8. His intention was to shoot the king either in the leg or the hand, whichever might happen, but not in both. In this case, the intention was inexclusive, but disjunctively so: yet that, however, without preference.

9. His intention was to shoot the king either in the leg or the hand, or in both, as it might happen. In this case, the intention was indiscriminately concurrent, with respect to the two incidents.

* Hume’s Hist.

XII.

It is to be observed, that an act may be unintentional in any stage or stages of it, though intentional in the preceding: and, on the other hand, it may be intentional in any stage or stages of it, and yet unintentional in the succeeding. But whether it be intentional or no in any preceding stage, is immaterial, with respect to the consequences, so it be unintentional in the last. The only point, with respect to which it is material, is the proof. The more stages the act is unintentional in, the more apparent it will commonly be, that it was unintentional with respect to the last. If a man, intending to strike you on the cheek, strikes you in the eye, and puts it out, it will probably be difficult for him to prove that it was not his intention to strike you in the eye. It will probably be easier, if his intention was really not to strike you, or even not to strike at all.

See ch. vii. [Actions], par. 14.

XIII.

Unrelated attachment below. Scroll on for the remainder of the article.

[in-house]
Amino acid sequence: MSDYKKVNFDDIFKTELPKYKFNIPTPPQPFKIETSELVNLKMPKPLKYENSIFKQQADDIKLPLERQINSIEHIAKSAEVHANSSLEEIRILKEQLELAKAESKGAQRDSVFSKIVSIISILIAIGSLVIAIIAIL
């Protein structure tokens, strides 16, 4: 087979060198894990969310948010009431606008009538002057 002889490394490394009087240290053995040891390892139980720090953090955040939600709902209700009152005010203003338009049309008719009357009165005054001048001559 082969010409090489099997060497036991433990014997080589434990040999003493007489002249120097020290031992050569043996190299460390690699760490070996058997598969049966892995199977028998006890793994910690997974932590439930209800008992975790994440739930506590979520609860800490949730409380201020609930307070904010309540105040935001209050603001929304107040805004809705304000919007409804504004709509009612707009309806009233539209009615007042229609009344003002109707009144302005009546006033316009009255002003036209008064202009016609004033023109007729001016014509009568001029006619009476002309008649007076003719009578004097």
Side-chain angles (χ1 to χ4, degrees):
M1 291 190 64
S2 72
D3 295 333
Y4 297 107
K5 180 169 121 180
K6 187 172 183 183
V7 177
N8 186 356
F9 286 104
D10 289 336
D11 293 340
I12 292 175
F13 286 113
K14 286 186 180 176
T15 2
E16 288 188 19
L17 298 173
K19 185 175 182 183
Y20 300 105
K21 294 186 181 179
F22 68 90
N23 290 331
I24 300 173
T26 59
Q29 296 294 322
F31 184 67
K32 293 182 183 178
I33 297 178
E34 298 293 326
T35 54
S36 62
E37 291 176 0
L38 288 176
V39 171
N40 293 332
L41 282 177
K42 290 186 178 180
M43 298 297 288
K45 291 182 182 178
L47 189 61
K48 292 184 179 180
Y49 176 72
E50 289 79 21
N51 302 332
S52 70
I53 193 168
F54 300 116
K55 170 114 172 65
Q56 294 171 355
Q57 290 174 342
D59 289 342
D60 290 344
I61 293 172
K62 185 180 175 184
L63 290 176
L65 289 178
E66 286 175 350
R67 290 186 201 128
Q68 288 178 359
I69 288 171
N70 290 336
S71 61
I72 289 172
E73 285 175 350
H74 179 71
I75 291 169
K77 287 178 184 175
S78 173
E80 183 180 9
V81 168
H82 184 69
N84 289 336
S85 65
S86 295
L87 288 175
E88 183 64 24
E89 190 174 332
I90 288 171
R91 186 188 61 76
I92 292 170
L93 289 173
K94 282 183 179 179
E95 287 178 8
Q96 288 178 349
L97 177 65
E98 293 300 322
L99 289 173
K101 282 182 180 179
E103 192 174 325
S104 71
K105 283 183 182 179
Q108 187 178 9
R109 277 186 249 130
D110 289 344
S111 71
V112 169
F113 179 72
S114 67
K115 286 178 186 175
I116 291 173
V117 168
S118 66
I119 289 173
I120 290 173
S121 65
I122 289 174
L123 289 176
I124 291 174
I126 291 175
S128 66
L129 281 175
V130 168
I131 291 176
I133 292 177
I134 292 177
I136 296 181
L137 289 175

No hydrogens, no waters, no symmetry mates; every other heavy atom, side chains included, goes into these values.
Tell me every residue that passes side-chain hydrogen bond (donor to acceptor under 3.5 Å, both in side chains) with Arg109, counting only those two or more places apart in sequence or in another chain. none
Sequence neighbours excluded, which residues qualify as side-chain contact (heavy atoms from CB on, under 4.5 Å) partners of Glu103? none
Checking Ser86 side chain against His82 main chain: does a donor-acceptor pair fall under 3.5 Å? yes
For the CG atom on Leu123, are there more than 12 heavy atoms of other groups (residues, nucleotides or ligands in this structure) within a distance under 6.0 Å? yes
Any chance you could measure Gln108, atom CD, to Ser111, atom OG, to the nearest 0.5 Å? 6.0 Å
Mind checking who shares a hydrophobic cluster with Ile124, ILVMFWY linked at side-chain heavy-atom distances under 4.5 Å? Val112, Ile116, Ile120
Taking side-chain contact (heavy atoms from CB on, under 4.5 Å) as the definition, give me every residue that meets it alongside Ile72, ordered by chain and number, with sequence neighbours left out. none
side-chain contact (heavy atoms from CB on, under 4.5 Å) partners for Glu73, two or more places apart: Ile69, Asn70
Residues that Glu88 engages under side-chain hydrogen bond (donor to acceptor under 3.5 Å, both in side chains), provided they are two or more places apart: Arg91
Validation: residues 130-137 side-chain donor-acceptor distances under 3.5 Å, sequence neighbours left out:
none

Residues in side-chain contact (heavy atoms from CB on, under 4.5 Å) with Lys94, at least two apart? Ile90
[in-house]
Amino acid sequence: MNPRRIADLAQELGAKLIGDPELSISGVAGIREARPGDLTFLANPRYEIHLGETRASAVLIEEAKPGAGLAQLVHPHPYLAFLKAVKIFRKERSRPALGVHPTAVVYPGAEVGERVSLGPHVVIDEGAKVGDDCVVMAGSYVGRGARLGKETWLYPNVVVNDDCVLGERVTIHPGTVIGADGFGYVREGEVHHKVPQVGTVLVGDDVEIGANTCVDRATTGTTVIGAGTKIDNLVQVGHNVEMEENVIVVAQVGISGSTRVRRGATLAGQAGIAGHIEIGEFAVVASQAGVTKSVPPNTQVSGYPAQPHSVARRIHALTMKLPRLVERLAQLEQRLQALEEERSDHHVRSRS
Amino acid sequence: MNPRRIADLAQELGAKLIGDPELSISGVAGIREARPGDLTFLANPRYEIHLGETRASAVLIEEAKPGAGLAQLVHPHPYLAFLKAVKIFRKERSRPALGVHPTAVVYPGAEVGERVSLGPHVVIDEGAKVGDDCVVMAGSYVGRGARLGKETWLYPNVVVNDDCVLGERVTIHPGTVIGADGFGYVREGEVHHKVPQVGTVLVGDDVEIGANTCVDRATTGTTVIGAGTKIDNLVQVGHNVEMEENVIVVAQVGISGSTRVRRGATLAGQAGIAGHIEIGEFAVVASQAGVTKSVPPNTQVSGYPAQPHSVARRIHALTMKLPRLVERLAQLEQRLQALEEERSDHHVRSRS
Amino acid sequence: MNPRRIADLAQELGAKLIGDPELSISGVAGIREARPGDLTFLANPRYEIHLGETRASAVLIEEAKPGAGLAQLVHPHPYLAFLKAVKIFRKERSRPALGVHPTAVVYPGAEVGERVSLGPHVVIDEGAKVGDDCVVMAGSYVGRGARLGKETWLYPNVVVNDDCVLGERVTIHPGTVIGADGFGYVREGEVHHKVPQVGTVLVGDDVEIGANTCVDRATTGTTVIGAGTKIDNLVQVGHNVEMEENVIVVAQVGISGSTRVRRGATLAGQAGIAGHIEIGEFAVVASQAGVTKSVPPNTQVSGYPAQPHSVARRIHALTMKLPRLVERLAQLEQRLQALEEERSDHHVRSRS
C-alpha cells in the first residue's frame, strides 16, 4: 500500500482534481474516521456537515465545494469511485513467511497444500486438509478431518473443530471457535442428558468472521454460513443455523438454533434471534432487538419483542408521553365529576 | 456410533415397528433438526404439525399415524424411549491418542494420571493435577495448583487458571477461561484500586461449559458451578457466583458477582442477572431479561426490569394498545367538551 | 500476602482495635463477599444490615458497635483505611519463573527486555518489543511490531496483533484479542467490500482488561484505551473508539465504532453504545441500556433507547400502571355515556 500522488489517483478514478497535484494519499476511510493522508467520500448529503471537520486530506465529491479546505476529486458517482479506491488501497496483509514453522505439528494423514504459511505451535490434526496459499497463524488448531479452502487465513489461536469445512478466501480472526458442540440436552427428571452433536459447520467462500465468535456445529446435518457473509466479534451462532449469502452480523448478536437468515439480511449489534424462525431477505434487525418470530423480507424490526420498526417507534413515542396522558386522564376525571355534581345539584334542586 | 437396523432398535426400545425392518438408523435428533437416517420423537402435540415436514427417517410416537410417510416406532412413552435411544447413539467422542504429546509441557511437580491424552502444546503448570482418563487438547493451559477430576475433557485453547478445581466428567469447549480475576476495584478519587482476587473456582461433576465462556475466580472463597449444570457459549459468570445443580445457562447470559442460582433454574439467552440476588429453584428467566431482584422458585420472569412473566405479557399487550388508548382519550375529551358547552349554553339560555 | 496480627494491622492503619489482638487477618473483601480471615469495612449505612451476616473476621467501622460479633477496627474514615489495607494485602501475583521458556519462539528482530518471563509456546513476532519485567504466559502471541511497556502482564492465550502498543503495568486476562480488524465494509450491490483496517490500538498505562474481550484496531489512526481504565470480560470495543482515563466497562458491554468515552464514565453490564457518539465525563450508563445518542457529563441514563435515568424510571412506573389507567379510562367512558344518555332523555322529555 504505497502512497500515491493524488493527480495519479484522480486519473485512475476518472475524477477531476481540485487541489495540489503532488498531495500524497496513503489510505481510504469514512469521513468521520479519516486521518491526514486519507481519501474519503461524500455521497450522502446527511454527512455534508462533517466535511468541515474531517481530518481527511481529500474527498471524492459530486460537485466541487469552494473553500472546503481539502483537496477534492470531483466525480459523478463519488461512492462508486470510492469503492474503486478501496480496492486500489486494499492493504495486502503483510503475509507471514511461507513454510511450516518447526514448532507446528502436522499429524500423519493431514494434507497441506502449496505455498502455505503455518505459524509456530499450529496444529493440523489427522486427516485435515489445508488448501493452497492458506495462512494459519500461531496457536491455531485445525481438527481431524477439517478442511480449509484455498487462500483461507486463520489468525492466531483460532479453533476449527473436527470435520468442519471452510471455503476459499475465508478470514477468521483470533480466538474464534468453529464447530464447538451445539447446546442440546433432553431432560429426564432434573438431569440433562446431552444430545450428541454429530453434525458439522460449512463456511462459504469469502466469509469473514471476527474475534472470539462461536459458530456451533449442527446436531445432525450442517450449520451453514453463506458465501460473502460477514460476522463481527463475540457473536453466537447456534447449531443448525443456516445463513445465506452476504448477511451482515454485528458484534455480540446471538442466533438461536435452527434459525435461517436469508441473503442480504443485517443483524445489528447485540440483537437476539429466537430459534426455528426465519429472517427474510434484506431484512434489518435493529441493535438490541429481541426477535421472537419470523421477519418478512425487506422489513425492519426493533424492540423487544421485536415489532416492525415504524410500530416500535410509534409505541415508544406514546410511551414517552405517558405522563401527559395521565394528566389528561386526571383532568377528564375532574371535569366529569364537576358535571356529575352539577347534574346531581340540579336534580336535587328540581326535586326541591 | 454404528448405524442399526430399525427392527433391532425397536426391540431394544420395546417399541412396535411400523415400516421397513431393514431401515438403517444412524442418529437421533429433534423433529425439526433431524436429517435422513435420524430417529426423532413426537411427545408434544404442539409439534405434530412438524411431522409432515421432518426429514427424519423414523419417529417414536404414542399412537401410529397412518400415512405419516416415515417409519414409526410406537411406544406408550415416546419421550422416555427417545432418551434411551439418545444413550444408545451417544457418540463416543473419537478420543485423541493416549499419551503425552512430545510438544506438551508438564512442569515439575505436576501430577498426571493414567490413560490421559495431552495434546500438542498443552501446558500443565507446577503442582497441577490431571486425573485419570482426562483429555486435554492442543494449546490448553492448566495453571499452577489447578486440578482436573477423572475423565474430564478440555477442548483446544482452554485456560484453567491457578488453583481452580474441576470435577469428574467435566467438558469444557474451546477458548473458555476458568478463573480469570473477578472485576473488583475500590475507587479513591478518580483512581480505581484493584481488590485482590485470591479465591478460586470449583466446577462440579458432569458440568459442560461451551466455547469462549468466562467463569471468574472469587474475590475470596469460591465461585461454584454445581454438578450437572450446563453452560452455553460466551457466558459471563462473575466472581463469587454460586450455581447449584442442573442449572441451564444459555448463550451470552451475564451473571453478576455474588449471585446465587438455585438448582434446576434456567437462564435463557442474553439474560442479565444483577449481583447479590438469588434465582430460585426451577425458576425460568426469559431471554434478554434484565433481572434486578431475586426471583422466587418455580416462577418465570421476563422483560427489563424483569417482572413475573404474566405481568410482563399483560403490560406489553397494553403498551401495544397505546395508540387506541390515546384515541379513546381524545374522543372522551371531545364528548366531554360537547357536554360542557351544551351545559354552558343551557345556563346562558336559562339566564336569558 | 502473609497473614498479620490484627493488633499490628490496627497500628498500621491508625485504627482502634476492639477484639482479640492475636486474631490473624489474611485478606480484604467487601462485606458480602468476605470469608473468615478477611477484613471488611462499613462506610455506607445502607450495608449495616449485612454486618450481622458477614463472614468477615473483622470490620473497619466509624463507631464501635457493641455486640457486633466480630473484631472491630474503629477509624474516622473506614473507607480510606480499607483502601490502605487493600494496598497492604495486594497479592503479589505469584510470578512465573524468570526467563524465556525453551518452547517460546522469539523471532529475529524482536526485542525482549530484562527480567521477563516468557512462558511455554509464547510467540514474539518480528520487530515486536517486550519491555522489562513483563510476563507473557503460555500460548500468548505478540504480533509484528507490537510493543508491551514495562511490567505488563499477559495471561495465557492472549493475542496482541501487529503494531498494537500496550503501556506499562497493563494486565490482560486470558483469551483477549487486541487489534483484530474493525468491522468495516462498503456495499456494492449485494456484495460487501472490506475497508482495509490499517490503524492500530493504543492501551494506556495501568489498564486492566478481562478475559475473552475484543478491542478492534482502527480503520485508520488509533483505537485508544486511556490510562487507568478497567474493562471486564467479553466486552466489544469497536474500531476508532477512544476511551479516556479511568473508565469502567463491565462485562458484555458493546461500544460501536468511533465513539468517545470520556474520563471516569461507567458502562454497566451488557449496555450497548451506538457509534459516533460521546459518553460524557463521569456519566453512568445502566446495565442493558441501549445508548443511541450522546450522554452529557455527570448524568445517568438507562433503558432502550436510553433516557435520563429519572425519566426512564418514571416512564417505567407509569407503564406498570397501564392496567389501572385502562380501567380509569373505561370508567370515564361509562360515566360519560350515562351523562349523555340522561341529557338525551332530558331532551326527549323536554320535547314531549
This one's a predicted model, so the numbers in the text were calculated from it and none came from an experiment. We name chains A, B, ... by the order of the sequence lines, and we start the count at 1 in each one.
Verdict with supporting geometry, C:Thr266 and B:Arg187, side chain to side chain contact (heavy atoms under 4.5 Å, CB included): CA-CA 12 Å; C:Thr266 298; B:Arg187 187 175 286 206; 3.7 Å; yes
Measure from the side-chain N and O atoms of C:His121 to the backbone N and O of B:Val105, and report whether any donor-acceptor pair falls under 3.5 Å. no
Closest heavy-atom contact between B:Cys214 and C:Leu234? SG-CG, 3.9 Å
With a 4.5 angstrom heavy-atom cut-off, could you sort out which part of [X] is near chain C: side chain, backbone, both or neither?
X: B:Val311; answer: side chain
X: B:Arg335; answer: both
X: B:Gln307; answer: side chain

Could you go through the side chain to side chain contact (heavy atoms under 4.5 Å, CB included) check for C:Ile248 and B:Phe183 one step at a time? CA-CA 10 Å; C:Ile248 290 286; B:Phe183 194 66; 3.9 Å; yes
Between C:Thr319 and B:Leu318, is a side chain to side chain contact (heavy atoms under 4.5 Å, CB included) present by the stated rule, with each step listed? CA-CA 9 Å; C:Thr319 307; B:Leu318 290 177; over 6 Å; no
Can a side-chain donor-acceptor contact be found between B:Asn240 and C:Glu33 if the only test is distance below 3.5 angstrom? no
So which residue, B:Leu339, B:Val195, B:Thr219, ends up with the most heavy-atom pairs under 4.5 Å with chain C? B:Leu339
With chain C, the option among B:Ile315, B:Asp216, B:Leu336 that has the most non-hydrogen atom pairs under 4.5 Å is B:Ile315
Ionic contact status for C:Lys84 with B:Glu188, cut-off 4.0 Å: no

It is frequent to hear men speak of a good intention, of a bad intention; of the goodness and badness of a man’s intention: a circumstance on which great stress is generally laid. It is indeed of no small importance, when properly understood: but the import of it is to the last degree ambiguous and obscure. Strictly speaking, nothing can be said to be good or bad, but either in itself; which is the case only with pain or pleasure: or on account of its effects; which is the case only with things that are the causes or preventives of pain and pleasure. But in a figurative and less proper way of speech, a thing may also be styled good or bad, in consideration of its cause. Now the effects of an intention to do such or such an act, are the same objects which we have been speaking of under the appellation of its consequences: and the causes of intention are called motives. A man’s intention, then, on any occasion may be styled good or bad, with reference either to the consequences of the act, or with reference to his motives. If it be deemed good or bad in any sense, it must be either because it is deemed to be productive of good or of bad consequences, or because it is deemed to originate from a good or from a bad motive. But the goodness or badness of the consequences depend upon the circumstances. Now the circumstances are no objects of the intention. A man intends the act; and by his intention produces the act: but as to the circumstances, he does not intend them: he does not, inasmuch as they are circumstances of it, produce them. If by accident there be a few which he has been instrumental in producing, it has been by former intentions, directed to former acts, productive of those circumstances as the consequences: at the time in question, he takes them as he finds them. Acts, with their consequences, are objects of the will as well as of the understanding: circumstances, as such, are objects of the understanding only. All he can do with these, as such, is to know or not to know them: in other words, to be conscious of them, or not conscious. To the title of Consciousness belongs what is to be said of the goodness or badness of a man’s intention, as resulting from the consequences of the act: and to the head of Motives, what is to be said of his intention, as resulting from the motive.